LICENSE OR AUTHORITY

LICENSE OR AUTHORITY

Occasionally, when a defense is asserted on behalf of a defendant, the defense is license or authority. For example, a police officer acting in good faith may arrest a person because they are carrying or possessing a firearm. That officer is acting in good faith and doing what he or she believes is the right thing to do. And for one reason or another they were unable to determine that the person had a "license" to possess those firearms. Once the license is presented, at trial, or hopefully through informal negotiation with the District Attorney, that would eliminate the need for a criminal  prosecution. Or in the case of a trial, the defense attorney would present evidence of a "license" which would be a defense to the crime. There are strict obligations on behalf of a defendant who seeks  a defense of license in court which you should discuss with your attorney. 

Another, more common use of the license or authority defense is someone who is in possession of an illegal drug but they do not have evidence that it was lawfully proscribed. At trial, that person could have an affirmative defense of license or authority if the prescription was validly issued. 

So, questions that may be asked might be: 

  • When does the question of license or authority become applicable in a court of law?
  • Who has the burden of proving that the defendant did not satisfy any of the above three conditions?
  • Are there ever any circumstances in which the burden of proof is on the defendant?
  • Can juries consider the question of license or authority when the defendant presents no evidence alleging such?

When does the question of license or authority become applicable in a court of law?

The question of whether or not the defendant had license or authority to do a certain action comes into question when evidence has been presented about whether the defendant had legal authority to do what he or she is charged with doing because he or she allegedly (ONE OR MORE):

  • Held a license to do a certain action
  • Came within the exception to the statute which permits a certain action
  • Has some other claim of appointment or authority to do a certain action

Who has the burden of proving that the defendant did not satisfy any of the above three conditions?

The burden is on the Commonwealth to prove beyond a reasonable doubt that the defendant did NOT (ONE OR MORE):

  • Hold a license to do a certain action
  • Come within the exception to the statute which permits a certain action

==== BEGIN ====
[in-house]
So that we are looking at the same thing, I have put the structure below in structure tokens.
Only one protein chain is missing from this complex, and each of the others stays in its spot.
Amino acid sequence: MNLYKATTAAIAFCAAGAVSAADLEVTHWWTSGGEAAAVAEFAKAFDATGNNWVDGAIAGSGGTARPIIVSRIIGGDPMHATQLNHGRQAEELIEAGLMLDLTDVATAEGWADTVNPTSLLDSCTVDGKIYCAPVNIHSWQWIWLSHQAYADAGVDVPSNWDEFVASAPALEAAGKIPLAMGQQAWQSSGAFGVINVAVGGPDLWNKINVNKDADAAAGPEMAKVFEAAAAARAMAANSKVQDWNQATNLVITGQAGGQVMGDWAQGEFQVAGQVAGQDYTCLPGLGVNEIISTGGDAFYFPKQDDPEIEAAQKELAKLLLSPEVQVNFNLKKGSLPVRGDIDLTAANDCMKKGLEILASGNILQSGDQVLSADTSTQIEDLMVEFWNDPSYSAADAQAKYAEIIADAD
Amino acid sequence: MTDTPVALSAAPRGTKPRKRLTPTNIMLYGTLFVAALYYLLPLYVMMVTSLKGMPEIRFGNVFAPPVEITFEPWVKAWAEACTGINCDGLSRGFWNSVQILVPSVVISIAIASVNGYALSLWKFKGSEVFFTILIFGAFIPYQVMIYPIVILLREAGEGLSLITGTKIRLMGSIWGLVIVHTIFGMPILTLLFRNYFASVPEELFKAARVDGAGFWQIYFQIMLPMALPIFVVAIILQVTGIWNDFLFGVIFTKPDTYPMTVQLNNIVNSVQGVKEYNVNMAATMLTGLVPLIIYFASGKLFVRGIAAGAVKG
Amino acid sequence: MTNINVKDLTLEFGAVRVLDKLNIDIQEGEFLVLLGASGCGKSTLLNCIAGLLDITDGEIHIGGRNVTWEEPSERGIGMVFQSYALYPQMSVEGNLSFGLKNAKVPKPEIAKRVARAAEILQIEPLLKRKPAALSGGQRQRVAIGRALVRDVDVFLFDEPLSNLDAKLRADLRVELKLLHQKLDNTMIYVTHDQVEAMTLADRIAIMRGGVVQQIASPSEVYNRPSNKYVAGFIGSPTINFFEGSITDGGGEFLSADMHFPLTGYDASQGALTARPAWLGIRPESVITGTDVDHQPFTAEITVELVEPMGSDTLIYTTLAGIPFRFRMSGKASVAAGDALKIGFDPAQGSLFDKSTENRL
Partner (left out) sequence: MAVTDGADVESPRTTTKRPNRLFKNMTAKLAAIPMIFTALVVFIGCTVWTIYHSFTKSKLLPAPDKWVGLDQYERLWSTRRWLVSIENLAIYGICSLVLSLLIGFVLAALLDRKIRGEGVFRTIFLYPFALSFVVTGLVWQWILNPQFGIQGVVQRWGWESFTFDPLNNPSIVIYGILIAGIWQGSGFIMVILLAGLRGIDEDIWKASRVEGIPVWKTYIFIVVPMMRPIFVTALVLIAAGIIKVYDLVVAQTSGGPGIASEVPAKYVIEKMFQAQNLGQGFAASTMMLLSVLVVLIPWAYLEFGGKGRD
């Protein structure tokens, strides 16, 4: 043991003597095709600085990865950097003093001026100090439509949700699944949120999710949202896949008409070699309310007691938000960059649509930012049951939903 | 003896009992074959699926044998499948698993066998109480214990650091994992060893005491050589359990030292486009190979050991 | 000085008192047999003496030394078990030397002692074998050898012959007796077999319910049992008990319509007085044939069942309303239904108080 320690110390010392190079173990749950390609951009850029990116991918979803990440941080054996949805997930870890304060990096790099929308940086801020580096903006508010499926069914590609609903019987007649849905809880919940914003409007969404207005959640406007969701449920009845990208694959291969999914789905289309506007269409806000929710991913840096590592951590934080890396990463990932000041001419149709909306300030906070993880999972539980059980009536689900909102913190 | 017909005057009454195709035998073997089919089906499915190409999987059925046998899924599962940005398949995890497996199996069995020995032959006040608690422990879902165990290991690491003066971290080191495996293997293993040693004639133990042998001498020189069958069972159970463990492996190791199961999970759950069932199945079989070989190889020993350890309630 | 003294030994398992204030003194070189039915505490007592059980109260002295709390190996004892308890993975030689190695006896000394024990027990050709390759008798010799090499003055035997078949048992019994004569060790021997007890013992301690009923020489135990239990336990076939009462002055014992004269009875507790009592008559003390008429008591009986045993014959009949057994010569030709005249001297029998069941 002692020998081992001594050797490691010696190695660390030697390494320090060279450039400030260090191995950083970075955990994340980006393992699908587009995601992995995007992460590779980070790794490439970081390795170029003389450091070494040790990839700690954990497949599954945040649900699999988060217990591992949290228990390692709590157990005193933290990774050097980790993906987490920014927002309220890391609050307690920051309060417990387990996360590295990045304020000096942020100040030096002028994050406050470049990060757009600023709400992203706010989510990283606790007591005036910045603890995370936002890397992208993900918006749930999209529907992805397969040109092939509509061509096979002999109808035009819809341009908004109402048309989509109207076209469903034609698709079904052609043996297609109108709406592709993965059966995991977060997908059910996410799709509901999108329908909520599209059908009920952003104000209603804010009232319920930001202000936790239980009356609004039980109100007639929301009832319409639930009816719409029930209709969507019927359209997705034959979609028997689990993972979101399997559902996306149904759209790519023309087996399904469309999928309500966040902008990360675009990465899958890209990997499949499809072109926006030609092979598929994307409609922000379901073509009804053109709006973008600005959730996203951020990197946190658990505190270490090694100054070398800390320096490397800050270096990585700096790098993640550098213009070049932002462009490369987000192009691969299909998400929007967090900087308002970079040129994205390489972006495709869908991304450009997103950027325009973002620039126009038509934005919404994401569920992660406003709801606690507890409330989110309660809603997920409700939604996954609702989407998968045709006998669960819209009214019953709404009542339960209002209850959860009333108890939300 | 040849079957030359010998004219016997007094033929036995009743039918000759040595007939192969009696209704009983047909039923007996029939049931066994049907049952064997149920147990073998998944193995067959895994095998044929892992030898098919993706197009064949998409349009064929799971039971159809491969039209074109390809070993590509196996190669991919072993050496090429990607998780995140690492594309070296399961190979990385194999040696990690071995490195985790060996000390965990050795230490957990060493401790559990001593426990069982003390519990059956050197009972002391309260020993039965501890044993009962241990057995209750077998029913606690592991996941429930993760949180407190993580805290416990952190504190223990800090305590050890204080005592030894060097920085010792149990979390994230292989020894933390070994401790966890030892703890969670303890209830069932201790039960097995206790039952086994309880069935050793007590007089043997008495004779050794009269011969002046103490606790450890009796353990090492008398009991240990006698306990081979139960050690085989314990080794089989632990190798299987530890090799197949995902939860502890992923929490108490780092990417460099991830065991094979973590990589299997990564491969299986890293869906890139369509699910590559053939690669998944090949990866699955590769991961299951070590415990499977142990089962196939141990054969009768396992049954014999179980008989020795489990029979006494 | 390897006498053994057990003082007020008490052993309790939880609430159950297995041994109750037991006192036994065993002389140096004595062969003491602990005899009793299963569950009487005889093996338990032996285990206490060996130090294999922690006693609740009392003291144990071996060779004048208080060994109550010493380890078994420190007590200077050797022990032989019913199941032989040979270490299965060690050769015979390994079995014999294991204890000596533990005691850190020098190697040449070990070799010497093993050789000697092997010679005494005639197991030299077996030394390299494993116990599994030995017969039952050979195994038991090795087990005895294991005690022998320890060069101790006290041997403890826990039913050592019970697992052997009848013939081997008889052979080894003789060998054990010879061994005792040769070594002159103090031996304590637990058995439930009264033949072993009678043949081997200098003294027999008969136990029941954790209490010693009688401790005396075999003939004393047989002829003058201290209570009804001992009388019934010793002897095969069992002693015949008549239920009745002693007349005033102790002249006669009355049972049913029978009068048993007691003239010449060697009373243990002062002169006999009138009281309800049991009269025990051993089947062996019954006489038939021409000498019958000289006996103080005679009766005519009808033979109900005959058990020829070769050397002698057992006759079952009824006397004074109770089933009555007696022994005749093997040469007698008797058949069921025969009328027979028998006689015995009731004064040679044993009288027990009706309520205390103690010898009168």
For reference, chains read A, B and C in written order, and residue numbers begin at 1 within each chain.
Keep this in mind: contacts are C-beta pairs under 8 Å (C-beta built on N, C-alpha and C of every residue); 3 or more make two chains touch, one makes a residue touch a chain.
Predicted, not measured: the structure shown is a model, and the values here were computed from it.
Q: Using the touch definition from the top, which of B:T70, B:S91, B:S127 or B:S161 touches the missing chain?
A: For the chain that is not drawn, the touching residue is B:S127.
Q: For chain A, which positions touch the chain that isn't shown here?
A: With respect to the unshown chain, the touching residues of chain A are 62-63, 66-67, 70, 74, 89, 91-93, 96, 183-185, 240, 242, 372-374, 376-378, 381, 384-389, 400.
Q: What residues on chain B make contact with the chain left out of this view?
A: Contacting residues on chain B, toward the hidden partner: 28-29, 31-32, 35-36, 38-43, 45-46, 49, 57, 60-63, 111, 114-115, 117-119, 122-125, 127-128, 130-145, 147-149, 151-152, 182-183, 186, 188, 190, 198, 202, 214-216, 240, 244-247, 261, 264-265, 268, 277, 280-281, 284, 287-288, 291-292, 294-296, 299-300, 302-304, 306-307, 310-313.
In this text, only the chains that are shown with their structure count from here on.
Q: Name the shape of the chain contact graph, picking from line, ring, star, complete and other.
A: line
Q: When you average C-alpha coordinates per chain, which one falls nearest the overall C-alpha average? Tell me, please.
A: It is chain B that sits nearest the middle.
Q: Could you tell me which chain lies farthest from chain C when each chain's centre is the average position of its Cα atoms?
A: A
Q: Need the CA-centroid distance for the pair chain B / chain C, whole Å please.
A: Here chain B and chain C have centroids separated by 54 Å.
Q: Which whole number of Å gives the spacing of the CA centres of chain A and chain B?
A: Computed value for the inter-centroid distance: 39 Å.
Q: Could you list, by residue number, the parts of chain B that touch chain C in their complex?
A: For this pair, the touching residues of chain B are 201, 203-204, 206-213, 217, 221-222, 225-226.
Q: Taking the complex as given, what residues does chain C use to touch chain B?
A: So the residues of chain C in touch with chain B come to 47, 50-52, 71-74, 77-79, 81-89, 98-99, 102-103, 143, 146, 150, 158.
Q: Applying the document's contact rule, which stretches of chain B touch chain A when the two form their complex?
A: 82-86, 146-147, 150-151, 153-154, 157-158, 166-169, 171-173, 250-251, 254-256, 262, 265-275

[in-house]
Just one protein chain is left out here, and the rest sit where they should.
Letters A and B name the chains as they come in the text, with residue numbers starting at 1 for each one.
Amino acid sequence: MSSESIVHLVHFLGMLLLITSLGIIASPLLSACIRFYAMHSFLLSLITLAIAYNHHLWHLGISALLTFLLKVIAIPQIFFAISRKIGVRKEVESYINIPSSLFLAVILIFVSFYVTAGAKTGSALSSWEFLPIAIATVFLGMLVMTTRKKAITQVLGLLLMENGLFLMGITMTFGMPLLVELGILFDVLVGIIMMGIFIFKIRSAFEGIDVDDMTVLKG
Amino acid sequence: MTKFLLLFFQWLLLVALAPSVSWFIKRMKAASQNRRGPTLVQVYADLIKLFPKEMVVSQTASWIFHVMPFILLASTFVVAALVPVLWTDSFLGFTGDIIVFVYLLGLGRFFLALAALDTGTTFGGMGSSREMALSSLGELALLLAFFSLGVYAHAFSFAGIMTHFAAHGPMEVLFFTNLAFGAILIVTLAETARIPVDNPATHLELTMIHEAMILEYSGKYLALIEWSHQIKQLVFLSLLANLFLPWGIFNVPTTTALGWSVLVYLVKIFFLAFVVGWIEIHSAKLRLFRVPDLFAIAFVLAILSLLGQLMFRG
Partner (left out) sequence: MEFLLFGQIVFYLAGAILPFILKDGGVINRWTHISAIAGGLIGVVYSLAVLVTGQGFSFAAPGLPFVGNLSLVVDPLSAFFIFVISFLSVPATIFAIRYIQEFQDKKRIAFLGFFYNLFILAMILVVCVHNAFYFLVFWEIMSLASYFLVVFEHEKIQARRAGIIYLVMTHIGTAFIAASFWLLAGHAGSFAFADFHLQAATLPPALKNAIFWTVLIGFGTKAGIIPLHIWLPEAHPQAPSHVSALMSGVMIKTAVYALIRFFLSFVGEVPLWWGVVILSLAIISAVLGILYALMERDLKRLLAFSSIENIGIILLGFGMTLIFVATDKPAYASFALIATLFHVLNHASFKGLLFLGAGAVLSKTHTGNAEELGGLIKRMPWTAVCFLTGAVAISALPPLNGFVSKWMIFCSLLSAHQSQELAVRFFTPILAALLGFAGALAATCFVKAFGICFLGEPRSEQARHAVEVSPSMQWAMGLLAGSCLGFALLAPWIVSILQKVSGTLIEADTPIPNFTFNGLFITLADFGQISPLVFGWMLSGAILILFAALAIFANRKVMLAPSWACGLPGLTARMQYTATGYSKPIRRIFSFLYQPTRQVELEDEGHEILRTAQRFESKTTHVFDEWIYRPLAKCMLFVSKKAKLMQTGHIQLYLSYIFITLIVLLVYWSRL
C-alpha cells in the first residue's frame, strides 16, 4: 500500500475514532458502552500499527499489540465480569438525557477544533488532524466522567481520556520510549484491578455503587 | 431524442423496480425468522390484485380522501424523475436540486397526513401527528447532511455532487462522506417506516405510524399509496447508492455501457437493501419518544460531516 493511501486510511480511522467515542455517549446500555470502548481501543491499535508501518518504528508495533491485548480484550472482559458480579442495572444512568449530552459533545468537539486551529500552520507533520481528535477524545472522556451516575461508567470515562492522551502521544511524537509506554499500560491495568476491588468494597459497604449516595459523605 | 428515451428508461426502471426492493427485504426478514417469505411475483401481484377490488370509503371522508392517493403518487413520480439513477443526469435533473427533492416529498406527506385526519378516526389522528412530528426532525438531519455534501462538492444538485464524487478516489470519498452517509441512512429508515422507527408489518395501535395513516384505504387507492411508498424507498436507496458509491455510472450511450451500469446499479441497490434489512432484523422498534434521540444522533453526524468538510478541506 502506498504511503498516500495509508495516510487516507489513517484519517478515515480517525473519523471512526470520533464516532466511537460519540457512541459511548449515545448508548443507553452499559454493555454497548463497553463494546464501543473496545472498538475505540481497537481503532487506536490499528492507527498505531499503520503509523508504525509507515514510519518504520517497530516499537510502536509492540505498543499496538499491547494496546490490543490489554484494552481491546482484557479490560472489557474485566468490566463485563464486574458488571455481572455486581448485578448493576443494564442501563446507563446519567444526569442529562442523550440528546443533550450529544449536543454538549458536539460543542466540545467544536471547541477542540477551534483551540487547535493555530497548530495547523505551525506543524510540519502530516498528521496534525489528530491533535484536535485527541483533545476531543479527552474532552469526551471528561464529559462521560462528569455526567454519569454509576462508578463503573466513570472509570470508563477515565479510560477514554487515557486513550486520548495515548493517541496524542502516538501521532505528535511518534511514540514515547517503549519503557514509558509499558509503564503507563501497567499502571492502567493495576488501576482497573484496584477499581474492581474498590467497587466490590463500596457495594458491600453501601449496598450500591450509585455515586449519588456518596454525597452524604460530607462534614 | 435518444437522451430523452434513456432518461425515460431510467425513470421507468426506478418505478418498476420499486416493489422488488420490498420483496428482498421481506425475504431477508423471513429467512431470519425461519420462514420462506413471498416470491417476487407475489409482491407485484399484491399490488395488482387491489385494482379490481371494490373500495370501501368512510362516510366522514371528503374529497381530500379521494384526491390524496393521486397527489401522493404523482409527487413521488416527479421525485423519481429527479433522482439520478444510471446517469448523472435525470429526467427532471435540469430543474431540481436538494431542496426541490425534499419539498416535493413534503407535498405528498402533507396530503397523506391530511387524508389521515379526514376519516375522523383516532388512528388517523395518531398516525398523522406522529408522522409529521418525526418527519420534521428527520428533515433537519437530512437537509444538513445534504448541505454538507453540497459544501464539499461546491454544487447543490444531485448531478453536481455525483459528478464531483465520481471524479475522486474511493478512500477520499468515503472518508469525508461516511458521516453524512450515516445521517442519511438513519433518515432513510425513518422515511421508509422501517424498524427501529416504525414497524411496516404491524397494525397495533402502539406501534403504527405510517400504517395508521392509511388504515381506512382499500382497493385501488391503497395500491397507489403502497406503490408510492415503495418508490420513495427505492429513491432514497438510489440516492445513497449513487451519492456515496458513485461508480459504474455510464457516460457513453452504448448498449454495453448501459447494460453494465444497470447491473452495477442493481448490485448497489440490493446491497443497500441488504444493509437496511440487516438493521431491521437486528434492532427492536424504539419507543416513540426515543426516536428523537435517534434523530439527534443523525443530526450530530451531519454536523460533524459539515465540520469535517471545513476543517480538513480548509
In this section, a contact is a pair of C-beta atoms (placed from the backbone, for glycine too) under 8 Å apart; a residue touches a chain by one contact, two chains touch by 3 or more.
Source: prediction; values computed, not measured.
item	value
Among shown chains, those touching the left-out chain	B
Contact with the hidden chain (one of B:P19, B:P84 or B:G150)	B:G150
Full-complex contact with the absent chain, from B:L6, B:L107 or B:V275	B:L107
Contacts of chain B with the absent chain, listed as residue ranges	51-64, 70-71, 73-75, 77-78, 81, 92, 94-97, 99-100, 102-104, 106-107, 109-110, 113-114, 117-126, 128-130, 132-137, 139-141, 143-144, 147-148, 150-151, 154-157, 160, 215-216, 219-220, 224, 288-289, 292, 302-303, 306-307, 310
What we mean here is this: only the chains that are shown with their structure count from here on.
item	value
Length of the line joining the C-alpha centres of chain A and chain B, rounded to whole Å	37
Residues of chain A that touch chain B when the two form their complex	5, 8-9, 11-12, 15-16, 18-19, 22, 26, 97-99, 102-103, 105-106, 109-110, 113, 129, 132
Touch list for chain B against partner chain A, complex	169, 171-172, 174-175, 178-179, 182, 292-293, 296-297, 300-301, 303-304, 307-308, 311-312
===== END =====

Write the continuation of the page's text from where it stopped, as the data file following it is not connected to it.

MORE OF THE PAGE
• Have some other claim of appointment or authority to do a certain action

If the Commonwealth has proved all of the elements of the offense beyond a reasonable doubt, and has also proved beyond a reasonable doubt that the defendant did NOT (ONE OR MORE):

  • Hold a license to do a certain action
  • Come within the exception to the statute which permits a certain action
  • Have some other claim of appointment or authority to do a certain action

…then the jury will find the defendant GUILTY.

Likewise, if the Commonwealth has failed to prove any of the elements of the crime beyond a reasonable doubt, or if it has failed to prove that the defendant did NOT (ONE OR MORE):

  • Hold a license to do a certain action
  • Come within the exception to the statute which permits a certain action
  • Have some other claim of appointment or authority to do a certain action

…then the jury must find the defendant NOT GUILTY.

Are there ever any circumstances in which the burden of proof is on the defendant?

 YES, there are some limited circumstances in which the burden is on the defendant to prove whether or not the defendant had license or authority to do a certain action.

Such circumstances occur when the prohibition in question is general but the license is exceptional and therefore the absence of license, appointment or authority is not an element of the crime. In this scenario, there is no jury issue as to license, appointment, or authority unless the defendant introduces evidence of such. Note that once this evidence is introduced, the burden is shifted to the Commonwealth to prove the absence of license, appointment or authority beyond a reasonable doubt.

Some examples of these exceptional circumstances include ALL of the following (ALL):

  • Admission to practice as an attorney at law
  • physician’s authority to prescribe a controlled substance
  • A license to carry a firearm
  • A license to practice medicine
  • A license to sell liquor

Examples of circumstances the courts have ruled are not exceptional enough for this special condition to apply include BOTH of the following (BOTH):

  • Operating a motor vehicle without insurance
  • Using a motor vehicle without authority

Note that a defendant who DOES wish to rely on a defense based on license, claim of authority, or ownership is required to provide advanced notice of this defense to the Commonwealth and the court.

Can juries consider the question of license or authority when the defendant presents no evidence alleging such?

In a case in which no evidence is presented suggesting the defendant may have had legal authority to do what he or she is charged with doing on the grounds that he or she allegedly (ONE OR MORE):

  • Held a license to do a certain action
  • Came within the exception to the statute which permits a certain action
  • Has some other claim of appointment or authority to do a certain action

…the jury MUST NOT consider the question of license or authority.

 IF YOU OR A LOVED ONE HAVE A LEGAL QUESTION ABOUT LICENSE OR AUTHORITY, AND YOU NEED AN EXPERIENCED CRIMINAL DEFENSE LAWYER WORKING ON YOUR SIDE TO PROTECT YOUR RIGHTS, PLEASE CONTACT CRIMINAL DEFENSE ATTORNEY WILLIAM J. BARABINO.

CALL 781-393-5900 TO LEARN MORE ABOUT YOUR AVAILABLE DEFENSES.

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